Given the fact that India has emerged as an IT hub and research centre for the developed world, all the three services but particularly the Indian Army has launched an ambitious programme for transforming the Indian Army (IA) into the NCW paradigm. The Indian Army has over a period evolved doctrine for integrating various components of C4I2 (command, control, communication, computers, information and intelligence) together with a Information Warfare (IW) doctrine, given the growing nature of threat in the neighbourhood. However since these two components on their own do not create NCW transformational thinking, particularly in the absence of integrated doctrines and inter-service synergy, it is now in the process of developing a comprehensive net centric warfare doctrine, that aims to close the loop between sensors that pick up information, decision-makers and shooting platform that aim to reduce what is generally called â€˜sensor to shooterâ€™ time in other words much speedier engagements and enhancement of tempo of operations.
The fulcrum of net-centricity being developed by the Indian Army is actually what can be called the Tac C3I System (Tactical Command, Control, Communications and Information System). Under the overall rubric of Tac C3I, sub-systems like the CIDSS (Command Information Decision Support System), ACCCS (Artillery Command, Control & Communication System), BSS (Battlefield Surveillance System), ADC&RS (Air Defence Control & Reporting System), BMS (Battlefield Management System) are in various stages of development and implementation.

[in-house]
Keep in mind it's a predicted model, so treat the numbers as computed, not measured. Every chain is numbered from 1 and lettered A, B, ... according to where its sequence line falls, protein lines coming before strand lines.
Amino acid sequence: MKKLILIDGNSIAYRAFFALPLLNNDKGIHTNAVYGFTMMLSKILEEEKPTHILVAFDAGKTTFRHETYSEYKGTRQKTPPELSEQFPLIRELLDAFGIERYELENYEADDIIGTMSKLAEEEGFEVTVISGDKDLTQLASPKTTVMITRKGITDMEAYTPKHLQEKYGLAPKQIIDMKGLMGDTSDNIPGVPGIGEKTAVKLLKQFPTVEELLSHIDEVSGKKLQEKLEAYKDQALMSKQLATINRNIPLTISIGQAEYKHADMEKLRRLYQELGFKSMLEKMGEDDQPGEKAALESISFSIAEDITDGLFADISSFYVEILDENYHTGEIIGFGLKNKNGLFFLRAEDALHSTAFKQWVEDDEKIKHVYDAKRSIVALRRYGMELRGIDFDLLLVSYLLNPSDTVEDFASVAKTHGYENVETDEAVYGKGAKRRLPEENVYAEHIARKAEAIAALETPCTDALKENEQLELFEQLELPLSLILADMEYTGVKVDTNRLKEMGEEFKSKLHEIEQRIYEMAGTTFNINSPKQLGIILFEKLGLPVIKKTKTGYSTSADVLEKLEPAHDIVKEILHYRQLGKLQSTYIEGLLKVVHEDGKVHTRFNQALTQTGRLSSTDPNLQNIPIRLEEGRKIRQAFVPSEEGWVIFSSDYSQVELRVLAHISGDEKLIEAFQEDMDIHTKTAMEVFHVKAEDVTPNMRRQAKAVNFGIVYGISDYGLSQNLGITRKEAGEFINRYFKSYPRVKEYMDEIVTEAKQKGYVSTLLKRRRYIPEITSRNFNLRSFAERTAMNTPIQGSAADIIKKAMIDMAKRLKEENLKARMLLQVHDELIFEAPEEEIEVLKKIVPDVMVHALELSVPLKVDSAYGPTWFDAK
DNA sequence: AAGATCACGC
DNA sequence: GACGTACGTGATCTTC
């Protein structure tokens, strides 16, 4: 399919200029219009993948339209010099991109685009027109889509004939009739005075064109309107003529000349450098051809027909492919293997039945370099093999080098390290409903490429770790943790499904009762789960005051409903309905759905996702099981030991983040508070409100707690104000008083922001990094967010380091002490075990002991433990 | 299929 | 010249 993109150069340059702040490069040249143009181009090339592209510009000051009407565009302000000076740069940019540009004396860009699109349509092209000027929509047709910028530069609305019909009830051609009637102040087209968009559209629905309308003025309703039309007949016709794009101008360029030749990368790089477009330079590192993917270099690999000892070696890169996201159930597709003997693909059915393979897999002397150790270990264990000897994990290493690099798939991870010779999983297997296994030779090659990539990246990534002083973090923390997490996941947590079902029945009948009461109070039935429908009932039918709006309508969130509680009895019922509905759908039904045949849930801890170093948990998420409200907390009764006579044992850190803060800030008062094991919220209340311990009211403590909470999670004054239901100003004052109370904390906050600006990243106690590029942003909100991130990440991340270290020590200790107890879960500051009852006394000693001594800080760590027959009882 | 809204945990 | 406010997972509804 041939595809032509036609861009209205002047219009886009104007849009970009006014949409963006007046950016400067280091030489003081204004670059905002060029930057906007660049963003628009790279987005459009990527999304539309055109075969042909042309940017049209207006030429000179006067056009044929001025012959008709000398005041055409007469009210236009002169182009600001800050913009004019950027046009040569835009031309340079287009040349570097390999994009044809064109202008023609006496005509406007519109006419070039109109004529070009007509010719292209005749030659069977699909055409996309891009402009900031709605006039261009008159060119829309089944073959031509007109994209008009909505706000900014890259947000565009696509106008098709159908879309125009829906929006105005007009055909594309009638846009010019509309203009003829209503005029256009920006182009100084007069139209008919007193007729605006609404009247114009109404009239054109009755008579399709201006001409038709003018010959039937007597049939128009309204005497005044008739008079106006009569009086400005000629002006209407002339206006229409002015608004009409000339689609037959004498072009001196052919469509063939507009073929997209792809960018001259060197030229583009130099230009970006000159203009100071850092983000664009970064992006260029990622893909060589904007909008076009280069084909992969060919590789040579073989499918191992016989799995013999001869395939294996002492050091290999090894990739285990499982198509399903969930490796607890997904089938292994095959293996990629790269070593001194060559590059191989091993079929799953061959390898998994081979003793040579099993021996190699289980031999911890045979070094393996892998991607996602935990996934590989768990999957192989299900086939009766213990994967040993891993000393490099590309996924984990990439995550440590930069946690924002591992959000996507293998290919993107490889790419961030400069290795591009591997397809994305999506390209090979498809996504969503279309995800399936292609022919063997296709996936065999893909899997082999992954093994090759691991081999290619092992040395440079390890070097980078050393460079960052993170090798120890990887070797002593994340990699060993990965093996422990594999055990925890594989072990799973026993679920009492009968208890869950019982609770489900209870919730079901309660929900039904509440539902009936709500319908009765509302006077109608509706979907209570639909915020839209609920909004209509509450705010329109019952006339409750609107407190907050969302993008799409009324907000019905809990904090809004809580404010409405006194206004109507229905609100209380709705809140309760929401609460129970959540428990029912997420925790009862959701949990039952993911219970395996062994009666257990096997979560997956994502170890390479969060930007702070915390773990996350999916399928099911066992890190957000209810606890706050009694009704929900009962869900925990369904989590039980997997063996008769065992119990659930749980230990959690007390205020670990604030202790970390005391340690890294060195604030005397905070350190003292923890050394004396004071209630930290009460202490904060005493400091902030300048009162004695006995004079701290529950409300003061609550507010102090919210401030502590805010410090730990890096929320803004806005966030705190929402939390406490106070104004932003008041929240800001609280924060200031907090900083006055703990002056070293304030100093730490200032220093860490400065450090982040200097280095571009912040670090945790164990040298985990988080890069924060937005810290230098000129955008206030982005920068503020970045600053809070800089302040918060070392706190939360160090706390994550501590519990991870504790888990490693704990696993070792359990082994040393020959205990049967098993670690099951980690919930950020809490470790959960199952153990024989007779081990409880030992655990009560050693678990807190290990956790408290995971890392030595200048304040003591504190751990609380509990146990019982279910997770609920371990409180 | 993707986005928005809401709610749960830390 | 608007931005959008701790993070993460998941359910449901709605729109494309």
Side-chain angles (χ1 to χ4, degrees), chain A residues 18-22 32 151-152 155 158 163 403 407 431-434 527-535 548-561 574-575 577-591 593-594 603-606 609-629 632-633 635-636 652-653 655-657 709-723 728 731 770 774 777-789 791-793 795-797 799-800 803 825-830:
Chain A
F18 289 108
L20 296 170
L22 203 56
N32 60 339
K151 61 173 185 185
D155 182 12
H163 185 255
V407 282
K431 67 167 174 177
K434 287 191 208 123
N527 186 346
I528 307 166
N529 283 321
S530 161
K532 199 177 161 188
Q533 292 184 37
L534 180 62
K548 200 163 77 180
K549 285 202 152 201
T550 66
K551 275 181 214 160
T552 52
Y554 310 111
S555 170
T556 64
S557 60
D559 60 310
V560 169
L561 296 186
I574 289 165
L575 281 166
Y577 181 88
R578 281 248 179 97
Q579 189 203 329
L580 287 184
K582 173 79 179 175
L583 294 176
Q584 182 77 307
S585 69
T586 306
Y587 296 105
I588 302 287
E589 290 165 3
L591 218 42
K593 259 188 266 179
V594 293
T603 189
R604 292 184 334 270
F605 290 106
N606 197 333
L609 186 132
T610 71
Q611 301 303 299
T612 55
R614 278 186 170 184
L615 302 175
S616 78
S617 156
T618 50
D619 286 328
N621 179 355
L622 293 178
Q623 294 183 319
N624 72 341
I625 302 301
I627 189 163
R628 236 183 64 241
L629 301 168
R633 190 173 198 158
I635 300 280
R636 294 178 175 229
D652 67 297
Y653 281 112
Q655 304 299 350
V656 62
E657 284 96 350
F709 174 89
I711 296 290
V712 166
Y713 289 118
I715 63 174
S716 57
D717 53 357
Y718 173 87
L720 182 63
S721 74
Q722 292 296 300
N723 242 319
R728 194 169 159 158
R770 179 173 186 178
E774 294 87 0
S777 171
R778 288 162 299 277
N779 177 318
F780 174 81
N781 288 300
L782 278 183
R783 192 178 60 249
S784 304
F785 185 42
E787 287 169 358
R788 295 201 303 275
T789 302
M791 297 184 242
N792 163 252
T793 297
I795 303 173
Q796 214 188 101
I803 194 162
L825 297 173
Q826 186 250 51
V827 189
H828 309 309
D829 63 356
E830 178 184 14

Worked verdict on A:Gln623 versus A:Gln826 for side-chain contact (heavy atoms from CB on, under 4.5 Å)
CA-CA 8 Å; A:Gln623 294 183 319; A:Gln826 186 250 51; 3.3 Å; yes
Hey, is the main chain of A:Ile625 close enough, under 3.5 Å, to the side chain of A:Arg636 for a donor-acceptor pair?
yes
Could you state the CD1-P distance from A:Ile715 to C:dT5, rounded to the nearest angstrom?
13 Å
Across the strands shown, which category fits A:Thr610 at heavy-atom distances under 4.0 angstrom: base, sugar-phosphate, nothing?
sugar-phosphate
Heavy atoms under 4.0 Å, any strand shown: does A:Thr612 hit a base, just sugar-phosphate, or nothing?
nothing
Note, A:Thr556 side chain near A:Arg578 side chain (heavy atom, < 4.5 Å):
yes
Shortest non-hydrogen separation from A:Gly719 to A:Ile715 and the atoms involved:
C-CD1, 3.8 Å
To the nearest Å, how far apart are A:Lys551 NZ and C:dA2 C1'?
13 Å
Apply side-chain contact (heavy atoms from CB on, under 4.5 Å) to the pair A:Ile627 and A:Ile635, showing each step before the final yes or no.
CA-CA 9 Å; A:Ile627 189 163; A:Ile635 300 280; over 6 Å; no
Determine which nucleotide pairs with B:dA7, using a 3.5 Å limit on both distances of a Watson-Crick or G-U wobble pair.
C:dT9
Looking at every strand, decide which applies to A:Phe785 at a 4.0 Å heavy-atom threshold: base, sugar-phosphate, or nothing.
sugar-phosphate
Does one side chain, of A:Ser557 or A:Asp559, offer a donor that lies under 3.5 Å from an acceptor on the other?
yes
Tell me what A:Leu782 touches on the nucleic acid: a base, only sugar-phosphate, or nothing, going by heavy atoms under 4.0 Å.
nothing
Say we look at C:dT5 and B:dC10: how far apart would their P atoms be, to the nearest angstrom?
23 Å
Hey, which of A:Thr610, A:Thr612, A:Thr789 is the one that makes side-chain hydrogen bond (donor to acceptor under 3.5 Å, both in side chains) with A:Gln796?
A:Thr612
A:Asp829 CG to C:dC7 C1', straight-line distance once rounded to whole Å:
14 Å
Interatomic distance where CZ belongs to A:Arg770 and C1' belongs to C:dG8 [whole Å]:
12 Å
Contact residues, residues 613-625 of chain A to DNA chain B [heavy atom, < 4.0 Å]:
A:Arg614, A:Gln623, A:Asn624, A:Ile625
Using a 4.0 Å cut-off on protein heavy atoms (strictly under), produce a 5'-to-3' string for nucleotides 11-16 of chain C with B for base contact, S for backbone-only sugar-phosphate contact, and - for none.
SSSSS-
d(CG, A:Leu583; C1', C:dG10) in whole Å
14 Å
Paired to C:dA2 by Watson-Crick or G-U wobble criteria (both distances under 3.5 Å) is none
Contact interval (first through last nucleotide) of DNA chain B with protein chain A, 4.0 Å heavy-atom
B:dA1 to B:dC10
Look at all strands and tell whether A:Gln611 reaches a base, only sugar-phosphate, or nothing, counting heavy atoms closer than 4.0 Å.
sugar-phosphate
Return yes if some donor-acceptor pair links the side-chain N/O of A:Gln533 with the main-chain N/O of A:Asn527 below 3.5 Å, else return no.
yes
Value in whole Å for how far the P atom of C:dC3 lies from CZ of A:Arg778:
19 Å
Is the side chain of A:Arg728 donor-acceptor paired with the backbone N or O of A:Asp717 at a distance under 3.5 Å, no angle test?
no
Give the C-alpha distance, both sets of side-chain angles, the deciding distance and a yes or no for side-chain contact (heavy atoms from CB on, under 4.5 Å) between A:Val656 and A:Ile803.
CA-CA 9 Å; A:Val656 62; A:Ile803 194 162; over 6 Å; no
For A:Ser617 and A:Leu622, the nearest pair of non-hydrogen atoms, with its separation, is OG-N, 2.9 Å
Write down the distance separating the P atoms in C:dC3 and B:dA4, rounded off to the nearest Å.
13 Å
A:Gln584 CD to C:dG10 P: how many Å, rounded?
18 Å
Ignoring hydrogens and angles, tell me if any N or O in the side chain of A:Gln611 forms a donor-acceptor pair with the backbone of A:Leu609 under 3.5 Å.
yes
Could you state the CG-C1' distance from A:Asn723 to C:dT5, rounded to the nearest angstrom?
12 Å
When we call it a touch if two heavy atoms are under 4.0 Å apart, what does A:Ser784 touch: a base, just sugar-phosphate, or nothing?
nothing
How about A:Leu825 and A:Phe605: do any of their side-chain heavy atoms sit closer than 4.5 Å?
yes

Whereas the development of the TacC3I is well under way and sub- systems are being tested and fielded under test bed conditions in various formations of the Army, frequent hiccups do occur owing to perception differences, lack of conceptual and technological understanding. As former Director General Systems, Lt Gen PC Katoch (Retd) highlights in a recent article in the Army Day Issue of Force â€œwe need to learn from the Chinese model, where systematic institutionalised technological training is mandatory before General Officers get posted to certain specific appointmentsâ€.
The Indian Army is following what can be termed as the bottom up approach for developing NCW capability, rather than an evolutionary model adopted by both the Americans and more recently the Chinese. There are two important reasons for this. In the absence of integrated and synergistic oversight that could only happen if there is a Chief of Defence Staff or Permanent Chairman Chiefs of Staff Committee there is little tri-service integration with each service evolving their own path with a working perspective of their eventual integration. Lack of top down evolutionary approach has serious ramifications, Lt Gen Katoch argues in the above quoted article giving example of DCN (Defence Communications Network); â€œwhile this is being developed, virtually nothing is happening on how to achieve the Services hand-shake that would ride the DCNâ€.